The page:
Writing isn’t brain surgery, but it’s rare when someone adept at the latter is also so accomplished at the former. Searching for meaning and purpose in his life, Kalanithi pursued a doctorate in literature and had felt certain that he wouldn’t enter the field of medicine, in which his father and other members of his family excelled. “But I couldn’t let go of the question,” he writes, after realizing that his goals “didn’t quite fit in an English department.” “Where did biology, morality, literature and philosophy intersect?” So he decided to set aside his doctoral dissertation and belatedly prepare for medical school, which “would allow me a chance to find answers that are not in books, to find a different sort of sublime, to forge relationships with the suffering, and to keep following the question of what makes human life meaningful, even in the face of death and decay.” The author’s empathy undoubtedly made him an exceptional doctor, and the precision of his prose—as well as the moral purpose underscoring it—suggests that he could have written a good book on any subject he chose. Part of what makes this book so essential is the fact that it was written under a death sentence following the diagnosis that upended his life, just as he was preparing to end his residency and attract offers at the top of his profession. Kalanithi learned he might have 10 years to live or perhaps five. Should he return to neurosurgery (he could and did), or should he write (he also did)? Should he and his wife have a baby? They did, eight months before he died, which was less than two years after the original diagnosis. “The fact of death is unsettling,” he understates. “Yet there is no other way to live.”

A moving meditation on mortality by a gifted writer whose dual perspectives of physician and patient provide a singular clarity.

Pub Date: Jan. 19, 2016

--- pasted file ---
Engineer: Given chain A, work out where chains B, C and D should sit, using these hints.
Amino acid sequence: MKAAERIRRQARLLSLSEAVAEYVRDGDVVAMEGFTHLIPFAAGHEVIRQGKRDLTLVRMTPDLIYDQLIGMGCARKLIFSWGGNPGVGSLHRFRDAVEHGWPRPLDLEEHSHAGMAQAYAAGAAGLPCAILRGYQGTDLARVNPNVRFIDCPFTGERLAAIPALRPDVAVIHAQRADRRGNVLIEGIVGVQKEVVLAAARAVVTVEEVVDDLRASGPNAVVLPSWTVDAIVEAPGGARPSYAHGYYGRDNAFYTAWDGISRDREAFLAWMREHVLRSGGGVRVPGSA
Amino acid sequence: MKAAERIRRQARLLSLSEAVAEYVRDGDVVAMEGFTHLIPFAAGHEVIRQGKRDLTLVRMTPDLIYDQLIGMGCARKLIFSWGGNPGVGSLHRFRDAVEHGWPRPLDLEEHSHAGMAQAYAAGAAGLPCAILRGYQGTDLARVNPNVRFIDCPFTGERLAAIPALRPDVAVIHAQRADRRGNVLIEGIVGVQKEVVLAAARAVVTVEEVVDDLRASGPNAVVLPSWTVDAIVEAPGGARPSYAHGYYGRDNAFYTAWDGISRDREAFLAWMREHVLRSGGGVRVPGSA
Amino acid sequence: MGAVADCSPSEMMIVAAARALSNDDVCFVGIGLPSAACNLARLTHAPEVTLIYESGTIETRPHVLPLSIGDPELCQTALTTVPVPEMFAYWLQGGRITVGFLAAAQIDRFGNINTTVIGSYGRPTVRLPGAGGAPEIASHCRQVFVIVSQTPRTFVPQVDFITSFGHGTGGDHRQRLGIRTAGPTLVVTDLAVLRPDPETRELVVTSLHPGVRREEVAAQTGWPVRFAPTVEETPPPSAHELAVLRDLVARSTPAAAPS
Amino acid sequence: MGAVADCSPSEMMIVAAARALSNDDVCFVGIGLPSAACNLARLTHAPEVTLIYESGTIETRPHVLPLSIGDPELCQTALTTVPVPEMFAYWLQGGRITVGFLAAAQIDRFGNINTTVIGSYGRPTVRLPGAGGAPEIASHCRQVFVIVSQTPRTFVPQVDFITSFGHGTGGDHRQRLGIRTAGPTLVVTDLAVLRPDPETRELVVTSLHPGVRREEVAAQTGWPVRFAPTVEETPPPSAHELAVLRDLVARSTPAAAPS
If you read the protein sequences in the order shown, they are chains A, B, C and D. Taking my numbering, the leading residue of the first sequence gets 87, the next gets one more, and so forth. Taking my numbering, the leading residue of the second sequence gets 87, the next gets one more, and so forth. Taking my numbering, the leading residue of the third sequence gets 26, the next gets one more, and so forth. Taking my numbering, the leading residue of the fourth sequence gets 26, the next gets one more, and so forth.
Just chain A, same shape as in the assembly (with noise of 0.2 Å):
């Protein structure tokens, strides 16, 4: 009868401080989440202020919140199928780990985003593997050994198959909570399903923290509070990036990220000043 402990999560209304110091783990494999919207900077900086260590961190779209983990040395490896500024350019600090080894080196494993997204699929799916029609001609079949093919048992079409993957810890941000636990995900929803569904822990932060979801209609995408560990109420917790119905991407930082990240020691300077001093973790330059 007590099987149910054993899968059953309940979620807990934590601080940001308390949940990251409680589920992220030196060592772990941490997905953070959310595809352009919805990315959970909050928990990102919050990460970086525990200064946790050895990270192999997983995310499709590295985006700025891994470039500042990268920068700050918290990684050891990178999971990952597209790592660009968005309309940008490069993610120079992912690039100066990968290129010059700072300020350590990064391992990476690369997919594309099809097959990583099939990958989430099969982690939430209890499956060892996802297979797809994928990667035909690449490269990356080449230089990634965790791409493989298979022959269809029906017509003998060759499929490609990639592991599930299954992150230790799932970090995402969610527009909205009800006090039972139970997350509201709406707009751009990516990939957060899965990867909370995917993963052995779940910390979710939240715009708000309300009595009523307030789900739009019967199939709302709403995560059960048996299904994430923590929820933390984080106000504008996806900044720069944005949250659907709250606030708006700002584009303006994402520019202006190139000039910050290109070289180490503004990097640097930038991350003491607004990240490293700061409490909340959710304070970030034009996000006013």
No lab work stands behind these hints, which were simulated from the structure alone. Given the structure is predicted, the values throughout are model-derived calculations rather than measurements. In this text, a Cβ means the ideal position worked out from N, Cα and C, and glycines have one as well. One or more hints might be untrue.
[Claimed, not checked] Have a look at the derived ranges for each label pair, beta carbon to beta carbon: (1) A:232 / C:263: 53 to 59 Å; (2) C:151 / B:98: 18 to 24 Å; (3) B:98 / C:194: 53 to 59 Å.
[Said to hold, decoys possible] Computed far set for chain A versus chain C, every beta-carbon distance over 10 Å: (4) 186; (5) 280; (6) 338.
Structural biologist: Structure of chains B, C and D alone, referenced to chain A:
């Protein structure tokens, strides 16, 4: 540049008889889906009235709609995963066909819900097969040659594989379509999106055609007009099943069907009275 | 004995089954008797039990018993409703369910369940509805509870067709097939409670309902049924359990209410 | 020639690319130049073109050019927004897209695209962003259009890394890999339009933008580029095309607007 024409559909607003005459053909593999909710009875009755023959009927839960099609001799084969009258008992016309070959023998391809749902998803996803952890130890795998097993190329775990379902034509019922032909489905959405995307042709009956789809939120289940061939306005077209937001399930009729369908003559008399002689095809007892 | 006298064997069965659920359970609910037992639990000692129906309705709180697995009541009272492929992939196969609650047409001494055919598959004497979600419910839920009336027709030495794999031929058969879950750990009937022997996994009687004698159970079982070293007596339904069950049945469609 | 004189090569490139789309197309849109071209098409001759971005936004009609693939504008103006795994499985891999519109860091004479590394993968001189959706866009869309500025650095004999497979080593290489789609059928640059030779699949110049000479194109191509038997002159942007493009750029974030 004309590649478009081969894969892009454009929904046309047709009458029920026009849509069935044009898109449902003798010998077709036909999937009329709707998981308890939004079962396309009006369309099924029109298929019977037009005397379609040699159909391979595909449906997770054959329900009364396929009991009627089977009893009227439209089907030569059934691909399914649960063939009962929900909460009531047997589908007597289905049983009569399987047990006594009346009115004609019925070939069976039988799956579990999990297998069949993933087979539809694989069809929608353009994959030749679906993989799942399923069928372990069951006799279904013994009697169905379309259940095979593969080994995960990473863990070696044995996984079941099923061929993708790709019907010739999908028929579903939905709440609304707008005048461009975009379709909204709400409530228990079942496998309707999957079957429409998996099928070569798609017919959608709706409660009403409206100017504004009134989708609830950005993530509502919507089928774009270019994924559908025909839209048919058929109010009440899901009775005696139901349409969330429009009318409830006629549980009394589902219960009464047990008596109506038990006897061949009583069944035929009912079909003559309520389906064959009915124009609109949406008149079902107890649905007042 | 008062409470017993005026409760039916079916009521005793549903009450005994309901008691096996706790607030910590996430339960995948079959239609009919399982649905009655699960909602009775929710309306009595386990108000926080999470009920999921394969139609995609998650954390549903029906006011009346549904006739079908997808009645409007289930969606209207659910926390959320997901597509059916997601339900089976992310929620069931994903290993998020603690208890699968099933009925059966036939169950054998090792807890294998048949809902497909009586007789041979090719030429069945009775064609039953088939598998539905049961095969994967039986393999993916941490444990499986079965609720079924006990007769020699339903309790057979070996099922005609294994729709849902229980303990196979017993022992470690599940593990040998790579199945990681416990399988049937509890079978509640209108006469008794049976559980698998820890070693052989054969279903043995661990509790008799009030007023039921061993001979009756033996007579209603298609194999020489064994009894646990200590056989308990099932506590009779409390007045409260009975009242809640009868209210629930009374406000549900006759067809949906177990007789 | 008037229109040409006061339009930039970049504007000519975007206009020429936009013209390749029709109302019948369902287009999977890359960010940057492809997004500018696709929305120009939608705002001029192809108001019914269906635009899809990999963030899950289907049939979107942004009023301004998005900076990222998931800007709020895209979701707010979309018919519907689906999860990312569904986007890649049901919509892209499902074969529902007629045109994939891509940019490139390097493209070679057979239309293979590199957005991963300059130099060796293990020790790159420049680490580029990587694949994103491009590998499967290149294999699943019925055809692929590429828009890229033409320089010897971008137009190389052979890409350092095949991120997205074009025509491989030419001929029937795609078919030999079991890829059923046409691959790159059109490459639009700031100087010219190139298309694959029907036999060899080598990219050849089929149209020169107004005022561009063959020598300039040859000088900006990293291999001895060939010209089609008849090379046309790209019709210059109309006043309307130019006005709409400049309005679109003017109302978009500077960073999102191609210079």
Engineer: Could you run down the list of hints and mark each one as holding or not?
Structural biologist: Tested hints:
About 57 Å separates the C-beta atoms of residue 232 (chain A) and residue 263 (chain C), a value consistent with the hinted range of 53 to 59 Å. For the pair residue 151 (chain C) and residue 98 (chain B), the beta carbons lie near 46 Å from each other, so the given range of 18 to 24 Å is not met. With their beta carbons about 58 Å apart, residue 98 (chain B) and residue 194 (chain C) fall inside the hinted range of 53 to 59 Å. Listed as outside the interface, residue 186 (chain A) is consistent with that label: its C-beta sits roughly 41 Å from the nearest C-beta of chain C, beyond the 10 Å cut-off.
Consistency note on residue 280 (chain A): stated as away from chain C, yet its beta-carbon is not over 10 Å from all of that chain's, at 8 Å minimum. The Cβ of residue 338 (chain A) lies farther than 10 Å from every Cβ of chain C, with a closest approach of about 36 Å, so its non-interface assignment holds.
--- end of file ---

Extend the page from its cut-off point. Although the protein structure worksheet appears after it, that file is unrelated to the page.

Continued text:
ISBN: 978-0-8129-8840-6

Page Count: 248

Publisher: Random House

Review Posted Online: Sept. 30, 2015

Kirkus Reviews Issue: Oct. 15, 2015

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A standout immigrant coming-of-age story.

THE DISTANCE BETWEEN US

A MEMOIR

In her first nonfiction book, novelist Grande (Dancing with Butterflies, 2009, etc.) delves into her family’s cycle of separation and reunification.

Raised in poverty so severe that spaghetti reminded her of the tapeworms endemic to children in her Mexican hometown, the author is her family’s only college graduate and writer, whose honors include an American Book Award and International Latino Book Award. Though she was too young to remember her father when he entered the United States illegally seeking money to improve life for his family, she idolized him from afar. However, she also blamed him for taking away her mother after he sent for her when the author was not yet 5 years old. Though she emulated her sister, she ultimately answered to herself, and both siblings constantly sought affirmation of their parents’ love, whether they were present or not. When one caused disappointment, the siblings focused their hopes on the other. These contradictions prove to be the narrator’s hallmarks, as she consistently displays a fierce willingness to ask tough questions, accept startling answers, and candidly render emotional and physical violence. Even as a girl, Grande understood the redemptive power of language to define—in the U.S., her name’s literal translation, “big queen,” led to ridicule from other children—and to complicate. In spelling class, when a teacher used the sentence “my mamá loves me” (mi mamá me ama), Grande decided to “rearrange the words so that they formed a question: ¿Me ama mi mamá? Does my mama love me?”

A standout immigrant coming-of-age story.

Pub Date: Aug. 28, 2012

ISBN: 978-1-4516-6177-4

Page Count: 320

Publisher: Atria

Review Posted Online: June 12, 2012

Kirkus Reviews Issue: July 1, 2012